FIU Dean Mike Heithaus testifies before House Agriculture Committee

September 30, 2015

Testimony of Dr. Michael Heithaus
Before the House Subcommittee on Biotechnology, Horticulture, and Research

September 29, 2015

Part 1: Innovations in research and training provided by a member of the Hispanic-Serving Agricultural Colleges and Universities

Florida International University (FIU), Miami’s only public research university, is finding solutions to some of the most challenging problems of our time.  As the 4th largest university in the country, and the largest Hispanic-serving university in the United States, FIU enrolls more than 55,000 students and conducts over $132 million in research expenditures every year. FIU is an anchor institution in South Florida contributing $8.9 billion each year to the local economy.

FIU has been aggressively building agriculture and food-related research to complement and expand the local capacity offered by the state’s Land Grant Institution, University of Florida. As testament to FIU’s efforts in agricultural education and research, it was one of the first universities in the nation to receive the USDA’s Hispanic-Serving Agricultural Colleges and Universities (HSACU) designation.

FIU is the largest producer of STEM degrees for Hispanics in the U.S. It is ranked as a top institution in the United States for granting bachelor’s and master’s degrees to Hispanics, with more than 60 percent of the university’s 55,000 students coming from Hispanic populations. In 2013, FIU had the largest percentage of minority students in the U.S. with 61 percent Hispanics and 13 percent African-Americans.  

Hispanic students graduating from FIU Environmental Studies, Sustainability, Dietetics and Nutrition, Biological Sciences have joined U.S. Department of Agriculture (USDA) Agricultural Research Service (ARS), Natural Resources Conservation Service (NRCS) and other agencies. Hispanic and other minority students graduating from FIU have joined graduate programs in some of the nation’s prestigious agriculture and forestry institutes.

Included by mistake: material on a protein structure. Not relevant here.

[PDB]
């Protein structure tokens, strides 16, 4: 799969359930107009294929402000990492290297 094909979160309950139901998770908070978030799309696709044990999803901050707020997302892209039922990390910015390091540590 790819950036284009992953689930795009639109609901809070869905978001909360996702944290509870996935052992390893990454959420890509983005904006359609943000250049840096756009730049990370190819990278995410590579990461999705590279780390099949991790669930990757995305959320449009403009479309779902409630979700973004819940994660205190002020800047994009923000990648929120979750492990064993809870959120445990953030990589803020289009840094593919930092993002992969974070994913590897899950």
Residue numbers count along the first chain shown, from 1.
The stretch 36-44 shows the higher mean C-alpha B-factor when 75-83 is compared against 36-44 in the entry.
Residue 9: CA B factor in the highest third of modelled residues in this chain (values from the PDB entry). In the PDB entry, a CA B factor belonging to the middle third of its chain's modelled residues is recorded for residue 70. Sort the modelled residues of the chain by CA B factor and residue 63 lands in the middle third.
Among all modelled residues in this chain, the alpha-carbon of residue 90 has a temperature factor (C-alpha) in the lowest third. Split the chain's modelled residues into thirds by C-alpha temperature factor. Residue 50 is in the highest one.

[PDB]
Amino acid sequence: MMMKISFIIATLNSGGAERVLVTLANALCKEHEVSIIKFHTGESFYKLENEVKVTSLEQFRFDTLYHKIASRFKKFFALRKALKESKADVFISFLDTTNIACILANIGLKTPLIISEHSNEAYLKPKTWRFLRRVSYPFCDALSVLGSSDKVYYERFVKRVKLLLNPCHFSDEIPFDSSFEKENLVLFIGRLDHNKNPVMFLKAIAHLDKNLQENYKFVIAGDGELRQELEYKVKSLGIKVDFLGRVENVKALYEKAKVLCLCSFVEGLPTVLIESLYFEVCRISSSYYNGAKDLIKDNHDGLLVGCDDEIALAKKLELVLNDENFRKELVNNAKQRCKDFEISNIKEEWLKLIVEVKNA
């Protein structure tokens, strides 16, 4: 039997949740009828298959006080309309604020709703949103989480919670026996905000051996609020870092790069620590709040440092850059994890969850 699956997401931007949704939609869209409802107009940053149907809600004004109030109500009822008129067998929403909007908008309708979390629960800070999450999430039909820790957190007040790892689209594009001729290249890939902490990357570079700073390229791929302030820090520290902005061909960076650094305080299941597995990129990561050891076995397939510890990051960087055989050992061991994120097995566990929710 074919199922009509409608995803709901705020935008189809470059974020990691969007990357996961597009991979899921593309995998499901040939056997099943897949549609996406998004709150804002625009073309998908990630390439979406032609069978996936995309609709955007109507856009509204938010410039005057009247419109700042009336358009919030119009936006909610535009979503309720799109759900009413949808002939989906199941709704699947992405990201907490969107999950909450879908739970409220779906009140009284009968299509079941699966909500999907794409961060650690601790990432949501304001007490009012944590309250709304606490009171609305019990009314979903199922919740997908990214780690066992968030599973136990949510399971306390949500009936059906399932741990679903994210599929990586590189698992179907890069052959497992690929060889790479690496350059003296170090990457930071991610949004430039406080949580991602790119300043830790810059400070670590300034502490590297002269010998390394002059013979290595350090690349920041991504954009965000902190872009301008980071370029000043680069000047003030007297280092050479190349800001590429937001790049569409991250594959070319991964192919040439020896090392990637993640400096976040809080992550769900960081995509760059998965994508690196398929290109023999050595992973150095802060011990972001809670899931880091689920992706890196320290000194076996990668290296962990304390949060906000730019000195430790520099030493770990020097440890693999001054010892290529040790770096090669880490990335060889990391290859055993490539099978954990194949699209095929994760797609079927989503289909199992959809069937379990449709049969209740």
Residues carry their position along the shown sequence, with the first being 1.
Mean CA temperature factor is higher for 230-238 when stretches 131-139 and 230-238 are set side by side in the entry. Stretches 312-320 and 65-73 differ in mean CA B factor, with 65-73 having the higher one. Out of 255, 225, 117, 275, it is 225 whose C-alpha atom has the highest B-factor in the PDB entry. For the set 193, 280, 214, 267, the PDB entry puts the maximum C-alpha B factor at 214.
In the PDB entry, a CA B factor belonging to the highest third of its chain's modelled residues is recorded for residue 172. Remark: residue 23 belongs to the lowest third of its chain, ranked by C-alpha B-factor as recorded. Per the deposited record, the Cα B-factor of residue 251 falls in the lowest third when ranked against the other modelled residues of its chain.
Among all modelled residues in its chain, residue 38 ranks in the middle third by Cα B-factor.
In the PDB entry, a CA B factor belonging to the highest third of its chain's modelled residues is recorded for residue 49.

FIU sees itself as a Solutions Center for the community – both locally and nationally. Our commitment to this mission is evident in our collaborative efforts to help solve the challenges of the agricultural industry in Miami-Dade County, one of the most diverse in the country. This important sector employs over 20,000 people and produces more than $2.7 billion in economic impact each year.  

The industry includes many subtropical and tropical crops that can’t be grown anywhere else in the United States; additionally, a large ornamental industry leverages our local climate.  But the agricultural industry faces accelerating and unprecedented challenges which require innovative research, policy changes, and targeted training of the next generation for the agriculture industry. For example,

    •    Exotic pests and disease are being introduced into the U.S. at startling rates. These introductions, like citrus greening, emerald ash borer, Asian Long Horned Beetle, Redbay Ambrosia beetle and fruit flies, have cost Miami-Dade county billions of dollars in treatment, eradication programs and lost revenue.

    •    Local weather patterns and climate are shifting and will affect the crops we can grow and threaten food security.  Rainfall and temperature are predicted to shift.  For example, although predicting future changes in rainfall is one of the harder challenges of global climate models to resolve at the regional level, we expect shifts in the wet season to cooler times of year, which will increase heat stress to crops during the dry season. This is compounded with challenges in managing water to balance needs for urban, agricultural, and natural systems.  In addition, sea level rise threatens to impact ground water and agricultural production.

    •    In South Florida, we also face a challenge in food waste.  A large portion of some crops, although edible, is discarded because of imperfections.  Changes in regulations regarding how this waste can be used or disposed of represents a difficulty – but also an opportunity – for the local community.